Social justice as part of medical education

Five strategies universities can adopt to aid medical students’ understanding of and engagement with social justice principles as part of healthcare training

Priya Harindranathan's avatar
Texas Tech University Health Sciences Center
29 May 2023
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A group of medical students stand around a patient in bed

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In the wake of George Floyd’s murder and the impact of Covid-19 on black and brown communities, an increasing number of medical schools recognise the importance of incorporating social justice principles into healthcare curricula. In the words of the 19th-century German polymath Rudolph Virchow, medical education is not meant merely to provide students with a way of making a living, but to ensure the health of the community. To accomplish this noble mission, medical education must endeavour to intervene in political and social life. However, current medical school curricula do not discuss topics such as health disparities, social determinants of health or the impact of structural racism on health outcomes to the required extent.

With Gen Z, the most diverse generation in US history in terms of gender, sexual orientation, ethnicity and race, starting to attend college, it is a pertinent time for participatory curriculum development to help close the divides of class and race.

However, curricula reform will only be effective among a new generation of students if it values their learner attributes and perspectives. When students’ priorities do not coincide with existing curriculum content, delivery methods and learning approaches, it is difficult to engage them in a meaningful discourse. Detailed below are five strategies universities can adopt for effective implementation of social justice principles in medical curricula.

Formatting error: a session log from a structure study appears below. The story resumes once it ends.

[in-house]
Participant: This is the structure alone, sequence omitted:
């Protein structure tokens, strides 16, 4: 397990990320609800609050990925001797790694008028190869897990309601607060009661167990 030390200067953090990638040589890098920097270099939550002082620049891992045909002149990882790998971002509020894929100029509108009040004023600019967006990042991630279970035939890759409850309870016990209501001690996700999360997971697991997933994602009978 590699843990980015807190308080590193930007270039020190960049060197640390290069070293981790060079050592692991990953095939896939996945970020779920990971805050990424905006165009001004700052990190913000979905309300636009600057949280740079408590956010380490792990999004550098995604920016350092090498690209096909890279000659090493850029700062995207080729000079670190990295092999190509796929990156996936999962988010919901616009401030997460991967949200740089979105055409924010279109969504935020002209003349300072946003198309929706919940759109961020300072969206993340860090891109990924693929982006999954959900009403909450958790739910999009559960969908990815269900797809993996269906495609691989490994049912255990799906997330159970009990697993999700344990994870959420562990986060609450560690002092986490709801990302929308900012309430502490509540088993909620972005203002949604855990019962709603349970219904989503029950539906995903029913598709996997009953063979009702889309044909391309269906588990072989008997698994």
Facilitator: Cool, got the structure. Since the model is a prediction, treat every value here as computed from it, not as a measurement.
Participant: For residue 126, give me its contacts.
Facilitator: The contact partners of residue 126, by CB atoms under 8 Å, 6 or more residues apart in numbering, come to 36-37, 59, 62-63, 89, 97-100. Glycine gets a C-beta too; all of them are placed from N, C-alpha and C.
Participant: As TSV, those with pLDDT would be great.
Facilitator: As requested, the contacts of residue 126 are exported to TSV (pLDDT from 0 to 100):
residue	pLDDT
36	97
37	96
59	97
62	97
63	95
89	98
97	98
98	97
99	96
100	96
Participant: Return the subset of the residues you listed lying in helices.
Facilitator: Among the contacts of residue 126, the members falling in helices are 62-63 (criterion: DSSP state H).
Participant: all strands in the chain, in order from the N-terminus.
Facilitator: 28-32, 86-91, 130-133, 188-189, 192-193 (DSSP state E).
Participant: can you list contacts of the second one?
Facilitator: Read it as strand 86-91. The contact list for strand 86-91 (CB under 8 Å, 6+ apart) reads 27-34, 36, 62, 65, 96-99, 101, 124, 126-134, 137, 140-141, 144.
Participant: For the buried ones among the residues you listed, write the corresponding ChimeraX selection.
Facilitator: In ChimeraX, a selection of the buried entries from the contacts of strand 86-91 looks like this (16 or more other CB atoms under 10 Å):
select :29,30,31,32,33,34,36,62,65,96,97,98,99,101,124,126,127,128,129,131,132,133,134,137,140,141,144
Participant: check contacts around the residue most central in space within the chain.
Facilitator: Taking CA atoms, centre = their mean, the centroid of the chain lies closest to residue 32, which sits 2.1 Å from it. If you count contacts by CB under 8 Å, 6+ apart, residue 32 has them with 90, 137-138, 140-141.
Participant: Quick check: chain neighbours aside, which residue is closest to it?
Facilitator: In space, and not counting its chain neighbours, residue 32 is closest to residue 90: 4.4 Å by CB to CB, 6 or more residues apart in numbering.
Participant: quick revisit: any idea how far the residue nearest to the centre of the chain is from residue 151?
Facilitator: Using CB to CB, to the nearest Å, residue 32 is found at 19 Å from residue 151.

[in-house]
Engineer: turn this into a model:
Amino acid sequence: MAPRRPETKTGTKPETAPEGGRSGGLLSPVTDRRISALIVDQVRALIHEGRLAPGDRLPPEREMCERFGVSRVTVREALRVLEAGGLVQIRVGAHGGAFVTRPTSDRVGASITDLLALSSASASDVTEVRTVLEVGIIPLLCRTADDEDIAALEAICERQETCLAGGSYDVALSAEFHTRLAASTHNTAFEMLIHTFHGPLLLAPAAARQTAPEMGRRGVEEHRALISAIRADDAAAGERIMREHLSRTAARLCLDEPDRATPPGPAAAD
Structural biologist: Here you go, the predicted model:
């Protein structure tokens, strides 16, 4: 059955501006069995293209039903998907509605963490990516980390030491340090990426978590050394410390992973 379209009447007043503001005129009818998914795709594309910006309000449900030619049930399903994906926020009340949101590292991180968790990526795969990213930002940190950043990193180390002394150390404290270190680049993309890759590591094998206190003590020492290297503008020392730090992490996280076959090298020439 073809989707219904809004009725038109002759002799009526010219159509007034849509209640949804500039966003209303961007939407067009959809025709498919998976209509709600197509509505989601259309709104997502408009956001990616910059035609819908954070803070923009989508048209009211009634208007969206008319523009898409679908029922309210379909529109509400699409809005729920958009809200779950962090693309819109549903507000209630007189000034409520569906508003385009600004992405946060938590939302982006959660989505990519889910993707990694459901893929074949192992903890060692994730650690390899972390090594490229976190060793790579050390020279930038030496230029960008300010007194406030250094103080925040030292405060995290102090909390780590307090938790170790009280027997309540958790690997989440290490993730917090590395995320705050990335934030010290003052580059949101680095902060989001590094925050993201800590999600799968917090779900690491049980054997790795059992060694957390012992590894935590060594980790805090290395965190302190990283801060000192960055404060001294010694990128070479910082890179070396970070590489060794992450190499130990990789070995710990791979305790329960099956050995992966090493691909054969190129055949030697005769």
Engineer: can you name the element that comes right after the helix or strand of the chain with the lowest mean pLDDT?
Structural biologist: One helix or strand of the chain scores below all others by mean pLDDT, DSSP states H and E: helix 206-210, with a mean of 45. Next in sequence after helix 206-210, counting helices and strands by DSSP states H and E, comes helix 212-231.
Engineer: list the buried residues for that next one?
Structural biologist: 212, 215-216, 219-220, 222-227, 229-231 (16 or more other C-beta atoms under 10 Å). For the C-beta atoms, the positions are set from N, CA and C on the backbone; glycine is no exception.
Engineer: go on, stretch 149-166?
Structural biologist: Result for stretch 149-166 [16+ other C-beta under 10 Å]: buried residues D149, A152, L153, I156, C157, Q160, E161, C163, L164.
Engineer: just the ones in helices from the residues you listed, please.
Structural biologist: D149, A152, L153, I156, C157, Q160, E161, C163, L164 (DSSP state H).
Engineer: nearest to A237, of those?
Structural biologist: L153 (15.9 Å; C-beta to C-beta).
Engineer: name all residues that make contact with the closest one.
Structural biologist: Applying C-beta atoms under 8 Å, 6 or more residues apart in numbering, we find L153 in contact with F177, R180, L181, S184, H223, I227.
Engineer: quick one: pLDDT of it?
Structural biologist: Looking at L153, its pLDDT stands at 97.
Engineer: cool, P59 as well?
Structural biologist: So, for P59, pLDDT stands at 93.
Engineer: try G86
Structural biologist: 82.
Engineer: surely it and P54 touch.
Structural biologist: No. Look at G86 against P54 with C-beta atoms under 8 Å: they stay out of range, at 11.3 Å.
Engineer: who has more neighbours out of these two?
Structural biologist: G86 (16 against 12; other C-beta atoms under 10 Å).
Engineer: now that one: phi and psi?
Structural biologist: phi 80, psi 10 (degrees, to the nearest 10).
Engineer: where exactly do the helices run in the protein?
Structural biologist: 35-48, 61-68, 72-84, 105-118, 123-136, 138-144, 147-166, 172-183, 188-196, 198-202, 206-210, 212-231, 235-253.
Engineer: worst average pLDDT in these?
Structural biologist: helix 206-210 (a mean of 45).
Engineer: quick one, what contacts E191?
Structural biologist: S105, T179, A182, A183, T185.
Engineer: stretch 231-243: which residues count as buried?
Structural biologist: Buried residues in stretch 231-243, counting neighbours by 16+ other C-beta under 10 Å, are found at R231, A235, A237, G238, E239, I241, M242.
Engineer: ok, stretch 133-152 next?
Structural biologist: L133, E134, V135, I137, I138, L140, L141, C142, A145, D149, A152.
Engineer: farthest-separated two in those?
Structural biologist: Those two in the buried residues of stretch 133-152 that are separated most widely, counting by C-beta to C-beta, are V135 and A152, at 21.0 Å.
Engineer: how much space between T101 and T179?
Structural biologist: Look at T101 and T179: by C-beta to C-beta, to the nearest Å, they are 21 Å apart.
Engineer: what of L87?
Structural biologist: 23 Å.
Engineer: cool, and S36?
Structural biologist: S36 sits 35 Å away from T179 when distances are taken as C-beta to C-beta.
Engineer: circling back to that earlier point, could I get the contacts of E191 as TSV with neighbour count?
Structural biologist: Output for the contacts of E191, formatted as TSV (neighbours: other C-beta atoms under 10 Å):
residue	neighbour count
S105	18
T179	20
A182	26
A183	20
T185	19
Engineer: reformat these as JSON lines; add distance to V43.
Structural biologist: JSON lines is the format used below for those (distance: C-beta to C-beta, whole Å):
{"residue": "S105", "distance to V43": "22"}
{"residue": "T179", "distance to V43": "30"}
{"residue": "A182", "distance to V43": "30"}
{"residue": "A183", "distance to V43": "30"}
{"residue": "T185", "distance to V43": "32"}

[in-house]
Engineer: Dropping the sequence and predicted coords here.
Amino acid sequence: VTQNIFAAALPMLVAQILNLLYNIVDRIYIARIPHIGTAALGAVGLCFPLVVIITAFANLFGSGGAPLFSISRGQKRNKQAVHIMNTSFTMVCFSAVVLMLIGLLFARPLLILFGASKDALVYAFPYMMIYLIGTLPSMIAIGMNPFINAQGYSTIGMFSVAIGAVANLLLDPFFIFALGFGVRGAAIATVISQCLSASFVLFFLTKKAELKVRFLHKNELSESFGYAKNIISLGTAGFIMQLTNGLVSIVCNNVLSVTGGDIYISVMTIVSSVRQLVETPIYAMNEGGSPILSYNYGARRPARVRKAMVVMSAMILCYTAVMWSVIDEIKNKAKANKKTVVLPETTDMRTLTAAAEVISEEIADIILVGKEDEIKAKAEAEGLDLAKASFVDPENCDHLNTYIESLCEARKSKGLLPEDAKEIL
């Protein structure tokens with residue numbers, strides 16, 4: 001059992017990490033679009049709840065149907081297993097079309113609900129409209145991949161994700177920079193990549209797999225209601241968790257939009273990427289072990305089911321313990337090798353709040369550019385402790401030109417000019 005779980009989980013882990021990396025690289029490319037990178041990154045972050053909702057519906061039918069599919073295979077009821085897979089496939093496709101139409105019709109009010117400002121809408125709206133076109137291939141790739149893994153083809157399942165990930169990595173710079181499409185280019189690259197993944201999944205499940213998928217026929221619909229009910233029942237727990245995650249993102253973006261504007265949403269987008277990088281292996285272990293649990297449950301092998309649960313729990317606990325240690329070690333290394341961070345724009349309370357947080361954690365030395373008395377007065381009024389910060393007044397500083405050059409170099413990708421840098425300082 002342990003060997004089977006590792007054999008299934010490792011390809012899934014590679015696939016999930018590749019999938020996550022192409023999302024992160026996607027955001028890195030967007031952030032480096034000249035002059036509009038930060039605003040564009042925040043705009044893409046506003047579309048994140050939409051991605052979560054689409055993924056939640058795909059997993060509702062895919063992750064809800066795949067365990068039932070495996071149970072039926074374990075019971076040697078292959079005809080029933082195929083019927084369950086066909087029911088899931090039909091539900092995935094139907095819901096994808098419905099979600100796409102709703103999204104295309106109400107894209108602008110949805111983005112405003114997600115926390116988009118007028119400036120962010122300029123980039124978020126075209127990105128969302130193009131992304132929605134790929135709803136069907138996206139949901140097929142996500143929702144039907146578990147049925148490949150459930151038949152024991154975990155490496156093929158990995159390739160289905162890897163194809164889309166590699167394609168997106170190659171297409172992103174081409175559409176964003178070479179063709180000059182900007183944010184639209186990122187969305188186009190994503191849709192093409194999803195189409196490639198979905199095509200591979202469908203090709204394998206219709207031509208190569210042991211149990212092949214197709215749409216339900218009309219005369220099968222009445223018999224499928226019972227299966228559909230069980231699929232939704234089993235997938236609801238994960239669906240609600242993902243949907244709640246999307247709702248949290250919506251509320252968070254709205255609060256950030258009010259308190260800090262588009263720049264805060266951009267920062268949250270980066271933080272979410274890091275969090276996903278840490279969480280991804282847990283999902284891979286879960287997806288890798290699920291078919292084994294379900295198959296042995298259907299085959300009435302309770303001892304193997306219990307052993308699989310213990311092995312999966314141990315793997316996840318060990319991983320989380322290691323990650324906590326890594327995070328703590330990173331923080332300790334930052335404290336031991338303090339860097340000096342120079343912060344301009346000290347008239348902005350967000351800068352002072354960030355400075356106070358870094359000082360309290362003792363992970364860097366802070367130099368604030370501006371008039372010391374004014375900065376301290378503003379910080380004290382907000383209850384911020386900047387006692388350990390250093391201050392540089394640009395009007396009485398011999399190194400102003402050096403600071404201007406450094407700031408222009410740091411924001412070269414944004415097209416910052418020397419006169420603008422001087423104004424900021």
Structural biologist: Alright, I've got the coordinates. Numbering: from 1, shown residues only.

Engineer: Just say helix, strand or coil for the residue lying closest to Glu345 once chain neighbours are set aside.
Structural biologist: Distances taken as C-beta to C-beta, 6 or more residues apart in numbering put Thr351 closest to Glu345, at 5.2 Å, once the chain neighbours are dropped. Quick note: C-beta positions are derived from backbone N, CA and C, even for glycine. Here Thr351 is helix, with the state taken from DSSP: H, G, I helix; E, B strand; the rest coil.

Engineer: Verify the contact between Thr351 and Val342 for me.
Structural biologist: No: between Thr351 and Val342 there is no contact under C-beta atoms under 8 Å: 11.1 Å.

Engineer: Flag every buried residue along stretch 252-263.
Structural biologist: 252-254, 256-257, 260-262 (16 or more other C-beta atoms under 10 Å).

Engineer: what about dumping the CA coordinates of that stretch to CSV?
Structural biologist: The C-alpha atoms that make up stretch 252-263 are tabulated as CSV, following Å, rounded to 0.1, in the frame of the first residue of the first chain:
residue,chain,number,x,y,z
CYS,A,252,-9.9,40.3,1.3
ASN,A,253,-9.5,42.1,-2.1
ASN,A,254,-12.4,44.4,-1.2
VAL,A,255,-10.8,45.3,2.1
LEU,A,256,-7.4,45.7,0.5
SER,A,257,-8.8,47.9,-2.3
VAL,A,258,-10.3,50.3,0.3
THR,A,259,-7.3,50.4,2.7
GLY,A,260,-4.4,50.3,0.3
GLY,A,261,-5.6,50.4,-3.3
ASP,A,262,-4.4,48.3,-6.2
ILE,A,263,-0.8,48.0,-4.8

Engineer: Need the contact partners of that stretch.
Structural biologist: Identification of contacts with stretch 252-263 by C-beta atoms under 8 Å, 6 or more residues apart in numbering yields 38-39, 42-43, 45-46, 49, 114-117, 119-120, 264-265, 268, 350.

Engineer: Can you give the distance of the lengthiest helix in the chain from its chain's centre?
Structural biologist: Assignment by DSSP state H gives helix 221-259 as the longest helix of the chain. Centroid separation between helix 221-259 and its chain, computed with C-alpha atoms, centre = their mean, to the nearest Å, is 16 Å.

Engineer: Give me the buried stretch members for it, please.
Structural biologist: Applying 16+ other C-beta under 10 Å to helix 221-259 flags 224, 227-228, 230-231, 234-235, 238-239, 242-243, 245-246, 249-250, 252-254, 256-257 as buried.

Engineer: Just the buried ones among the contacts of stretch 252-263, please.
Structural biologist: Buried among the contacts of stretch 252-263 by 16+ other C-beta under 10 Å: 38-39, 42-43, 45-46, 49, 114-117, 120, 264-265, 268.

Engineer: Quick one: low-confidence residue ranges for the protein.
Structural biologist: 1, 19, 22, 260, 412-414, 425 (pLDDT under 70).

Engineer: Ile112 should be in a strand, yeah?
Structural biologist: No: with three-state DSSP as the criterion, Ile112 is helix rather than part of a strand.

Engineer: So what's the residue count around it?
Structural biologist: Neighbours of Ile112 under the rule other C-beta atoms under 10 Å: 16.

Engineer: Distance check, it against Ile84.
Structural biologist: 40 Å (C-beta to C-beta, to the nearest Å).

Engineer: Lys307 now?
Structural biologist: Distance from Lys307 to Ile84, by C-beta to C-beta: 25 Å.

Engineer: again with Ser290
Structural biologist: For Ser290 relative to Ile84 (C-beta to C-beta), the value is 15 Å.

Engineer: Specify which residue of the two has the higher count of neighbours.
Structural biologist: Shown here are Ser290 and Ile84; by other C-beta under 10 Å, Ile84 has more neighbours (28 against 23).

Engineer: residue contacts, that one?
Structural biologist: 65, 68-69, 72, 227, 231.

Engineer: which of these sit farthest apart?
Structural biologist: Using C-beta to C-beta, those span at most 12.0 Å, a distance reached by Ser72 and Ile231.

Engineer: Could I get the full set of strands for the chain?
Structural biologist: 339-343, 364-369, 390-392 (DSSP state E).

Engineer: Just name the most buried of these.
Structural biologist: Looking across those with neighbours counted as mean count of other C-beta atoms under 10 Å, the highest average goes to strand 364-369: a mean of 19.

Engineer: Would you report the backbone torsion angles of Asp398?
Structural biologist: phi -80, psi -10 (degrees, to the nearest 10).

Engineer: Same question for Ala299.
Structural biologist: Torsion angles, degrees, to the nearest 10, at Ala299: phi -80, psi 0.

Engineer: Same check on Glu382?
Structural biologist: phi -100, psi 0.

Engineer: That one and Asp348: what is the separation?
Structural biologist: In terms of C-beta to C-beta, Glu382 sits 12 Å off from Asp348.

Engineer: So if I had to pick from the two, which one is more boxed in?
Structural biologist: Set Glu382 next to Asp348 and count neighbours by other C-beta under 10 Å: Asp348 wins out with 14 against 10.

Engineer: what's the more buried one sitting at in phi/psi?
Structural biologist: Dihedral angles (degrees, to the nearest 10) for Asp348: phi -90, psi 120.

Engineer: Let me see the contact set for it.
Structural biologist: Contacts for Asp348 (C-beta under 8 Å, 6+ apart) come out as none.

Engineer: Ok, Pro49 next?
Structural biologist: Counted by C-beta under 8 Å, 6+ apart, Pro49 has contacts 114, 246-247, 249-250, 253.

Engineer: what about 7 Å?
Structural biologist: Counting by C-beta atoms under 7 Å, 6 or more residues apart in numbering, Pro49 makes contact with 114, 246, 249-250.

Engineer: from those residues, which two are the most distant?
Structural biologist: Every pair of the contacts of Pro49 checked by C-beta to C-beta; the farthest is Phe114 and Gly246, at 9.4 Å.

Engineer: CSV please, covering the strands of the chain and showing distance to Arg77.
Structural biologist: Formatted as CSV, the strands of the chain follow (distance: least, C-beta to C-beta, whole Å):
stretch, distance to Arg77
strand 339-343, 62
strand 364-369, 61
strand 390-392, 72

1. Formal commitment to social justice principles

It is important to emphasise social justice principles in the mission and vision statements of the university. Mission statements often act as the foundation for the educational practices of an institute and can translate directly to the learning objectives and thus the curriculum. The statement provides a shared purpose for the university and students even beyond graduation or licensure.

2. Integrated curriculum design involving active student participation

A challenge in implementing social justice curricula in medical education lies in prioritising and integrating related topics in the curriculum, owing to varying opinions among faculty and students about the importance of topics. When social justice principles are delivered as standalone modules or electives, it can give an impression to some students and faculty that the issues under consideration are not core to the curriculum and are a digression.

Social justice themes relating to social determinants of health and other structural and systemic barriers must be seamlessly weaved into the four-year curriculum using classroom or experiential learning strategies. In-classroom strategies that encourage student self-reflection and critical thinking can include case studies followed by small group discussions, incorporating perspectives or lived experiences of experts in the area of interest. Experiential learning strategies are explained further under section 4: community engagement and advocacy.

Periodic curriculum reviews and development should be conducted with student participation. For example, student representatives should serve on curriculum committees to voice students’ opinions related to topics that they deem fit to be covered in the syllabus.